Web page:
I very rarely repeat mountains. Very, very rarely. I just don’t see the point. The name of my web site provides insight to the whole point of hiking, scrambling, skiing and climbing for me – exploring new areas. But every once in a while I get an itch to do a repeat for whatever reason. Sometimes it’s just that the mountain is that much fun but usually it’s because I didn’t get great photos or views the first time. Such is the case with Mount Cory.
After approaching and ascending Cyclone Mountain the day before, Phil and I woke up to a frosty but clear morning on Friday, September 29 2017. After Phil took a few hours to collect soil samples from Douglas Creek, we packed up our camp and headed back along the trail towards the core Red Deer Lakes area in the Skoki backcountry of Banff National Park. Our destinations for this glorious fall day were Pipestone Mountain and Merlin Lake. These two things are not very close together, in case you were wondering.
Over the years, Dr. Phil and I had been eyeing up a couple of easy ascents, rising over the Red Deer Lakes in the Skoki backcountry of Banff National Park and on the western edge of the Drummond Icefield. When we finally scrambled up Mount Drummond in late September, 2015, our interest in Cyclone Mountain and Pipestone Mountain increased. In late September 2017, it was finally time to go check them out a bit closer. Rick Collier details a trip that he and Mardy Roberts did back in June of ’92 where they traversed from Pipestone to Cyclone Mountain as a day trip.
Cockscomb Mountain has a few things going for it. No matter how many peaks you’ve done, as long as it’s more than one, you will have a “best” and a “worst” one. I never have to worry about my worst one now – I’ve apparently just completed it. Another thing in Cockscomb’s favor is that I will never have to repeat it. Yes – I enjoyed it that much! 😉 The first thing to note about Cockscomb Mountain is that despite Bob Spirko’s apparently easy and rather pleasant ascent back in 2006, this is not your typical “Kane easy” summit. According to me, an easy scramble should be one where you take your Aunt Edna for a day trip in the Rockies, where Aunt Edna is in decent cardio shape but isn’t a hardcore peak bagger or a secret lover of horrible approaches.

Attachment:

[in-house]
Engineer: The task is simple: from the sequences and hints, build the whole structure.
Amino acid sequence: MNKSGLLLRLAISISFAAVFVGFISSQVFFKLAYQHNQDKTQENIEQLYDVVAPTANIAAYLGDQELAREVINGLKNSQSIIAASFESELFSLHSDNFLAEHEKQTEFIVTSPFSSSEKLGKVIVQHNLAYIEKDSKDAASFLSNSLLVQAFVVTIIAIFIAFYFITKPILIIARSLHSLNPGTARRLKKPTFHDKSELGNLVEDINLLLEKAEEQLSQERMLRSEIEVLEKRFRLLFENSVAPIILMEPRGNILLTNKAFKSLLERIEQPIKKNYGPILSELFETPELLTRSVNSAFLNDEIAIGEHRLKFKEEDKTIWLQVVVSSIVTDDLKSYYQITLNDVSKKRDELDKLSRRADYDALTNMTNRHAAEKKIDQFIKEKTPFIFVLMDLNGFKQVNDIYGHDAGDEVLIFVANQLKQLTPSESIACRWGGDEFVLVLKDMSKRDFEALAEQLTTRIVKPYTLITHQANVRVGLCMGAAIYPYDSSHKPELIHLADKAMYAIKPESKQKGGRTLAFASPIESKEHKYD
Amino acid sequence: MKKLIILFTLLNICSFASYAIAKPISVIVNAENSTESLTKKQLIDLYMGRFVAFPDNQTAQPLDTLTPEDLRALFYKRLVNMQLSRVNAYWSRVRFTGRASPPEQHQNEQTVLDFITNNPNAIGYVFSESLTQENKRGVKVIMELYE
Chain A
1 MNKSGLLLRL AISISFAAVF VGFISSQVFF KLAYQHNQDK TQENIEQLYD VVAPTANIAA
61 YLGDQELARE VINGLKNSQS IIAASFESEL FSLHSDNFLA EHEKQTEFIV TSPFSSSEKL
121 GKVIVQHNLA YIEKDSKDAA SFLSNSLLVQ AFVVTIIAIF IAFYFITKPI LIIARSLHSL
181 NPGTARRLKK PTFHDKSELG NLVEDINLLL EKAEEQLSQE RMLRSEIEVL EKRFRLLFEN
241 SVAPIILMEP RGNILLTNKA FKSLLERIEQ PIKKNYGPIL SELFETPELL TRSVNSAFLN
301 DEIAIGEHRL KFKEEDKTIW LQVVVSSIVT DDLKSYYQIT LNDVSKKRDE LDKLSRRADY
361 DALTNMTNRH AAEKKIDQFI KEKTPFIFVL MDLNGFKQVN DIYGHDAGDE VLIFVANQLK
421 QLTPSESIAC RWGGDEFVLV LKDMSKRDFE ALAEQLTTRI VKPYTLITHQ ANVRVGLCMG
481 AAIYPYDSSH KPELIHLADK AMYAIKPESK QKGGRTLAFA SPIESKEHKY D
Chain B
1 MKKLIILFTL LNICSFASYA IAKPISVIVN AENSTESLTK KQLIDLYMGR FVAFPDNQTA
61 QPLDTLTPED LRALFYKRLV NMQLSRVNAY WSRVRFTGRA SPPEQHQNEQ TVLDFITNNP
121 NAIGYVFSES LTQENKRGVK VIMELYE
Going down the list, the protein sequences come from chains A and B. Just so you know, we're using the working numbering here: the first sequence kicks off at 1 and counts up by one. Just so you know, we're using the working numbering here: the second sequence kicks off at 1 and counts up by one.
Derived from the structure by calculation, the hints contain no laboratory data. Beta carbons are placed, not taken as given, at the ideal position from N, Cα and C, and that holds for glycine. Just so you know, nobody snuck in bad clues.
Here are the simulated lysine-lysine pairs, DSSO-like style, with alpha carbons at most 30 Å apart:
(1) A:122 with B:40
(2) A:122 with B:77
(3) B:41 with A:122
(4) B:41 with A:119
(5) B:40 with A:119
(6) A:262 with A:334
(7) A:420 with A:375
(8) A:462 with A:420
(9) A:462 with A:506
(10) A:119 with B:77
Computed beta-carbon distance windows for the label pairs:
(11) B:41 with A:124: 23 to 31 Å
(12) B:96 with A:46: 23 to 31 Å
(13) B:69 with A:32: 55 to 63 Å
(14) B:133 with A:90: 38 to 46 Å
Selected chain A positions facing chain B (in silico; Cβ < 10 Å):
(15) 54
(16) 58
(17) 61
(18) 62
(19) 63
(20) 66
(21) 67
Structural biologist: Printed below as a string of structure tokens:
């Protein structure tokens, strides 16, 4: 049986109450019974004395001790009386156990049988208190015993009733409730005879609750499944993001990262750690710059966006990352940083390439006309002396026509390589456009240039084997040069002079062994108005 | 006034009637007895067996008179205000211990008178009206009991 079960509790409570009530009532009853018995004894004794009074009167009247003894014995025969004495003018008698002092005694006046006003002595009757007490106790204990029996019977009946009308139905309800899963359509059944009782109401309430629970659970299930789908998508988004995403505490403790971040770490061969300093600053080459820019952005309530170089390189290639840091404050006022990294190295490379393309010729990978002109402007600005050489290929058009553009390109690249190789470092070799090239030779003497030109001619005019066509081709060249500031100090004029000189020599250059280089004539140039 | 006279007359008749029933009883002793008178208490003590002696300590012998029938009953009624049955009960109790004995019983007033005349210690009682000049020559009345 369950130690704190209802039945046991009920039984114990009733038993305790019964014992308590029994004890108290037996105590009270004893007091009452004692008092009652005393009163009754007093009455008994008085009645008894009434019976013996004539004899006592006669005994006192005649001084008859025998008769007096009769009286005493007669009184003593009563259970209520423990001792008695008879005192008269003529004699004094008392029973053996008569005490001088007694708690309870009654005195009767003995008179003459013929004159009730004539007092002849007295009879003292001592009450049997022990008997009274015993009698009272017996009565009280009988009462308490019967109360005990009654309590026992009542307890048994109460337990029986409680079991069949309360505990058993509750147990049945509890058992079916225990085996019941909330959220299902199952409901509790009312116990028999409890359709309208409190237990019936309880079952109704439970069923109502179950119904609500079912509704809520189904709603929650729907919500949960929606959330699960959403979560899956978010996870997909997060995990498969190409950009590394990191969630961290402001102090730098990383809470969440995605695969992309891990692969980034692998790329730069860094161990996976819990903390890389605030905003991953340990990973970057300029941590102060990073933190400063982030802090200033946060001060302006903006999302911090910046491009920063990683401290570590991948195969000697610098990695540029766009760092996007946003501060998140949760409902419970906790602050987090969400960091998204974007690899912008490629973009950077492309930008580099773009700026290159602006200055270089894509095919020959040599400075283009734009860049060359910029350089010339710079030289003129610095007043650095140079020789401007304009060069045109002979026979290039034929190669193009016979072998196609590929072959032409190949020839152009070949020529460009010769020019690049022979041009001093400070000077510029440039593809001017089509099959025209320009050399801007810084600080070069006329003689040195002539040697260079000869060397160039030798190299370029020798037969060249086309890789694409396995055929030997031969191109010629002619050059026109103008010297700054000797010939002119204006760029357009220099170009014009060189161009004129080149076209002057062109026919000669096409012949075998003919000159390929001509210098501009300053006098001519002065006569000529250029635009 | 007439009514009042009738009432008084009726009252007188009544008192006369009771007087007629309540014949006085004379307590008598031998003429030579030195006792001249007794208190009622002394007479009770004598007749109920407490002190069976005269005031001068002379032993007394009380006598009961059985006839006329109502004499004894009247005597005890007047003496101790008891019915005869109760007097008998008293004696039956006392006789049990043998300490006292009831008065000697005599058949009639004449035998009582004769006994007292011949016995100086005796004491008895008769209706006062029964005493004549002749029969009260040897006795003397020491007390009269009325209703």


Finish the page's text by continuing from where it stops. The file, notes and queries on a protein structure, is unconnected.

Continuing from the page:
By the end of September 2015 I was getting a wee bit desperate to finally see some fully turned larches. Despite getting out a lot in the middle of the month, especially to Waterton Lakes National Park, I’d yet to run into the full fall golden goodness of larch heaven that I’ve come to crave at the end of each scrambling / hiking season in the Alberta Rockies. As usual for the 2015 season, the weather did not cooperate when I needed it to! The forecast for the weekend of September 25-27 was looking a bit thin. Sunday was the best looking day by far, but as the dates crept closer the forecast grew dimmer until even Sunday was looking like a good shot at cold, cloud and possibly rain or even snow.
Spurred on by a recent trip report on ClubTread from Jose and Fabrice, I decided that Armor Peak would be a nice objective for the first day of June 2013. Raff and Wietse agreed and we settled on an 06:30 departure from the Petro Canada on Hwy 1 on Saturday morning. The sky got cloudier the further we drove and by the time we had finally figured out where the trailhead was (haven’t we ALL done this hike already at least once?!) it was almost raining. We were surprised to find the Bow Valley Parkway chalk full of runners too! Apparently the Banff –> Jasper relay race was going on. Good thing we arrived early enough to avoid too much gong show.
This is probably the easiest summit I’ve attained on my list so far. I did it early on Saturday morning with my son and didn’t even bother taking photos – besides a few summit shots on my iPhone which I won’t bother posting here.
On Sunday, July 24 2011 I was joined by So Nakagawa and Ali for a jaunt up Mount Ishbel in Banff National Park near Hillside Meadows. Over the years Ishbel has become a bit of an obsession for me simply because when you drive home from anywhere west of the Castle Mountain junction you get an amazing view of the long ridge of Ishbel rising up to an impressive summit. Also, over the past few years a number of friends have done the mountain and have come back with stories of a hands-on difficult scrambling experience and varying degrees of satisfaction with the ascent. The descent down the east face is almost always described as being much more involved – most parties rappel at least some portion of it.
On August 25, 2009 I got together with Marta and scrambled Protection Mountain, a.k.a. Television Peak in Banff National Park. I had heard lots from Marta on the RMBooks Web Board and read many of her trip reports with interest but we had never done a scramble or climb together.